EPA stand could trigger the loss of some pesticides
Northwest potato growers are facing the possible loss of a valuable pesticide as the Environmental Protection Agency begins on its schedule to re-register a specific class of chemicals known as carbamates.
Although the pesticide – aldicarb – is primarily used on potatoes, ag leaders are warning that this is just the beginning of a problem other growers will be facing as other chemicals come up for re-registration.
The issue revolves around the use of human testing, which, along with animal testing, has long been a tool in determining safe exposure levels.
EPA announced last December that it will not consider new or existing human testing data in its decision-making on chemical registrations.
While human-data is still allowed to be used by other agencies, such as the federal Food and Drug Administration, some people believe EPA’s stand on this is the beginning of a Bush-administration policy based on opposition to stem-cell and embryo research. If that sort of research is deemed “unethical,” then research done on adult humans might also be considered in that light.
On the immediate legal front, the question is whether EPA’s binding policy on this issue is a final regulatory action. If it is, then opponents say EPA violated notice and public comment requirements.
The Washington State Potato Commission recently filed a “friend-of-the-court” brief in support of a legal petition from several chemical companies and the American Chemical Council. The petition, which is before the U.S. Appeals Court in Washington, D.C., seeks to force the EPA to review its moratorium on the use of certain types of data when it registers chemicals.
“Aldicarb is the first chemical on EPA’s radar screen,” said Pat Boss, executive director of Washington state’s potato commission. “It’s hitting us squarely in the crosshairs. But other chemicals are coming down the pike, and other concerned grower groups are looking at this issue.”
Jim Jesernig, former director of Washington state’s Agriculture Department and now a consultant to the potato commission, said what makes this situation so frustrating is that human testing on aldicarb has already been done under previously allowed standards.
“Everyone, including EPA, agrees that the data is accurate and that it was done ethically,” he said.
The frustrating legal twist in all this is that EPA has decided it will not use any human testing data until it has reviewed the rules under which human testing is allowed.
“You want to make sure the evidence isn’t acquired incorrectly,” Jesernig said. “We have no problem with that. But it’s irrational to throw out good data pending EPA’s review.”
Boss agrees. “A year ago, EPA said it the data was OK,” Boss said. “Now it’s saying it isn’t. The arbitrary method of imposing this moratorium sets a dangerous precedent by the agency.”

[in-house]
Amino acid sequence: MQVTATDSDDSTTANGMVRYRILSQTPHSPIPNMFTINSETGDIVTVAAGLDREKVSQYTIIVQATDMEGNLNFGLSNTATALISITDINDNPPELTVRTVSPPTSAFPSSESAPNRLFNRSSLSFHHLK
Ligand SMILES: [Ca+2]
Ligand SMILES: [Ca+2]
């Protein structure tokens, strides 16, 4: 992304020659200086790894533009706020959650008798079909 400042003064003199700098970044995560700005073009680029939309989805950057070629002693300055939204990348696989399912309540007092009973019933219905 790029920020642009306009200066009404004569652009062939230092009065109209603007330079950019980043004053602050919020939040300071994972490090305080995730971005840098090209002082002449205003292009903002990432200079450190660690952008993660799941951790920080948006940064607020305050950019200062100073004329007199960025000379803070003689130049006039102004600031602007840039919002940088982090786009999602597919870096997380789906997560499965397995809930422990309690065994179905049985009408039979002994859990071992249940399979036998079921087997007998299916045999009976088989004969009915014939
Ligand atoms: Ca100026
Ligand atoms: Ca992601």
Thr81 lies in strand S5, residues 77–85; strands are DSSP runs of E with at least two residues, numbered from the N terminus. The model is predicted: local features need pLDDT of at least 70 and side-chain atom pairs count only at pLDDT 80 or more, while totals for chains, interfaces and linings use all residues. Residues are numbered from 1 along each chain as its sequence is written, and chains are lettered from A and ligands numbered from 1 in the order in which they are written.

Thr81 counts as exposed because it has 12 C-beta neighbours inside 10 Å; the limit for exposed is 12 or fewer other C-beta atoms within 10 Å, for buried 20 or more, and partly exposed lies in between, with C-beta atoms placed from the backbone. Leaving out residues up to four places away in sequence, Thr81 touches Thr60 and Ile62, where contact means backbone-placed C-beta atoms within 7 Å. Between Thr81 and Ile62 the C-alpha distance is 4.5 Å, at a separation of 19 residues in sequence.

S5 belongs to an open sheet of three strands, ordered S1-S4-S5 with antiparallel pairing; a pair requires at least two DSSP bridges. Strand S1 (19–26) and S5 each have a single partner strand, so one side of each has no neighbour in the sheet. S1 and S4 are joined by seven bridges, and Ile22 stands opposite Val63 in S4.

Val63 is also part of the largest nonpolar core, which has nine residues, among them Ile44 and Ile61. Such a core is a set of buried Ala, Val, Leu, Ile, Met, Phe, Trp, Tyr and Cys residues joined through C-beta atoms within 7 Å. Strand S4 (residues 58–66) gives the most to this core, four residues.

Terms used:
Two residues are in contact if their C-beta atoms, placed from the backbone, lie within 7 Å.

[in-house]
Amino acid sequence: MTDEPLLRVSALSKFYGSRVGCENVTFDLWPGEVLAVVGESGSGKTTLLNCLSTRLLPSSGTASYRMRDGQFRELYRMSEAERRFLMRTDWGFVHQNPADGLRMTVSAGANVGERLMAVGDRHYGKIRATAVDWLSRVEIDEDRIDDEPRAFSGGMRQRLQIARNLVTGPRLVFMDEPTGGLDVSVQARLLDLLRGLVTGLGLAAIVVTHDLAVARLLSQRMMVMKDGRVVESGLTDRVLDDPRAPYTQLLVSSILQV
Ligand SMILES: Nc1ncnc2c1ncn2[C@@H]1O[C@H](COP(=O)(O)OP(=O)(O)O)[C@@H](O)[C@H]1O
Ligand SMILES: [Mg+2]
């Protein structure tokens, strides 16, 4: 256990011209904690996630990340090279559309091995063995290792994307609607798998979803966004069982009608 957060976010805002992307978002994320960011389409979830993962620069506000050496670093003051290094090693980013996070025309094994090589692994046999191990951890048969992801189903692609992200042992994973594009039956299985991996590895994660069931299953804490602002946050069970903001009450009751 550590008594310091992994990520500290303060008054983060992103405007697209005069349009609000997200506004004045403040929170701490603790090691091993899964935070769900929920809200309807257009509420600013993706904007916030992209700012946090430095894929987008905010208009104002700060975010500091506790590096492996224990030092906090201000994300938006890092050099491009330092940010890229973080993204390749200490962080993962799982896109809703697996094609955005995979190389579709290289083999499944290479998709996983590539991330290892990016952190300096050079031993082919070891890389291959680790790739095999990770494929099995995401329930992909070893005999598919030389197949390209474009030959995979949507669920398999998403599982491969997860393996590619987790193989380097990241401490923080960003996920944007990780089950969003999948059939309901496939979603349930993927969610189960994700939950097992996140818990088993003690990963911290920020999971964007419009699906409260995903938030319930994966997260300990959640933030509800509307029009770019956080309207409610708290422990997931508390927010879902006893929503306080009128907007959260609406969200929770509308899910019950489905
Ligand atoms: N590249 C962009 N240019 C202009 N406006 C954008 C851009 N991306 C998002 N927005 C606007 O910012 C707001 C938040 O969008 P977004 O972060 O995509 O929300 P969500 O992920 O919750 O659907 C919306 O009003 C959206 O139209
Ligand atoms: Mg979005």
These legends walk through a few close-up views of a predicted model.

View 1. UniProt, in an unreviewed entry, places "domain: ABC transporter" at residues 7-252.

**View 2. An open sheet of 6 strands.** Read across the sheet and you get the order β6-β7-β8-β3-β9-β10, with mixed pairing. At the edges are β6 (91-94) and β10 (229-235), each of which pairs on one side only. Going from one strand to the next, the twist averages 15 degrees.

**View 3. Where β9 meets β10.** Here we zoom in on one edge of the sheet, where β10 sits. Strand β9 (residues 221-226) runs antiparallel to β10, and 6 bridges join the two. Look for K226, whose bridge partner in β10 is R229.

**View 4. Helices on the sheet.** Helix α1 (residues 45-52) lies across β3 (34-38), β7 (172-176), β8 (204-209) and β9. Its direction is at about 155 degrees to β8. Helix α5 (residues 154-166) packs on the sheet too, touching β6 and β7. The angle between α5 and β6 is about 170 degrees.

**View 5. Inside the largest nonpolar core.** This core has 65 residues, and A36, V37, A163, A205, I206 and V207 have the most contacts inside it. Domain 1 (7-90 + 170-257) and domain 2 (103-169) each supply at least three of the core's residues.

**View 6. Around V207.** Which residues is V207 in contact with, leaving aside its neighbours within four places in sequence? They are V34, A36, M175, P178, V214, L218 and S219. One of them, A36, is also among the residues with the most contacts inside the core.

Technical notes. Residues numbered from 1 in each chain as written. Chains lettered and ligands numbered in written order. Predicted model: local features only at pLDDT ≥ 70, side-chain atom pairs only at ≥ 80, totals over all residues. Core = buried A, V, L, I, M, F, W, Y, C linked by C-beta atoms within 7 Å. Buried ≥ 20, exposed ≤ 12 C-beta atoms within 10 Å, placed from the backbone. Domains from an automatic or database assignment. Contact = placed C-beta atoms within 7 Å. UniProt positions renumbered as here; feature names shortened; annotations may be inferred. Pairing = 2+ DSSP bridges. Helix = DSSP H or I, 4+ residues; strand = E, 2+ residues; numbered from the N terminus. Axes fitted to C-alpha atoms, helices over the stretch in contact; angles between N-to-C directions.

John Keeling, spokesman for the National Potato Council, is equally worried and equally frustrated by the situation.
“This should be a decision based on science, not politics,” he said. “It makes no sense not to use data that’s already there. To do that is like sticking your head in the sand.”
Jesernig worries that if EPA won’t accept the existing data based on human testing, then it will have to look at animal testing or some type of computer modeling to determine safety levels.
Boss said EPA has already admitted that if it uses animal testing, the risk factors under consideration would shoot up 500 percent – not an untypical situation when scientists try to correlate animal data with possible effects on humans.
Boss is concerned that the issue won’t be resolved in time for potato planting, which in some areas of the Northwest occurs as early as March.
The court’s decision is expected in four or five months.
According to the commission’s brief, aldicarb is a particularly effective potato pesticide that has no adequate substitutes. It controls nematodes, the Colorado potato beetle, leafhoppers, the green peach aphid and mites. It also provides full-season pest control on early-season varieties of Washington potatoes.
Without aldicarb, spring varieties of potatoes require an at-planting product and at least two foliar sprays. Summer or fall varieties need up to six foliar sprays to control aphids.
Without aldicarb, the use of fumigants for nematode control would also increase.
However, unlike aldicarb, fumigants cannot provide insect control. Because aldicarb is applied into the furrow as a granule, it does not drift or volatize like foliar sprays. And because it is covered by the soil, it significantly reduces the potential for worker exposure.
On the financial side of the ledger, because fewer applications are required, the use of aldicarb at planting significantly lowers pesticide costs.
Potatoes are the second largest crop grown in Washington state, with an annual farm-gate value of $500 million. A study of the economic impacts of the state’s potato industry shows that potato farming and related processing contributes $3.01 billion annually to the state’s economy.
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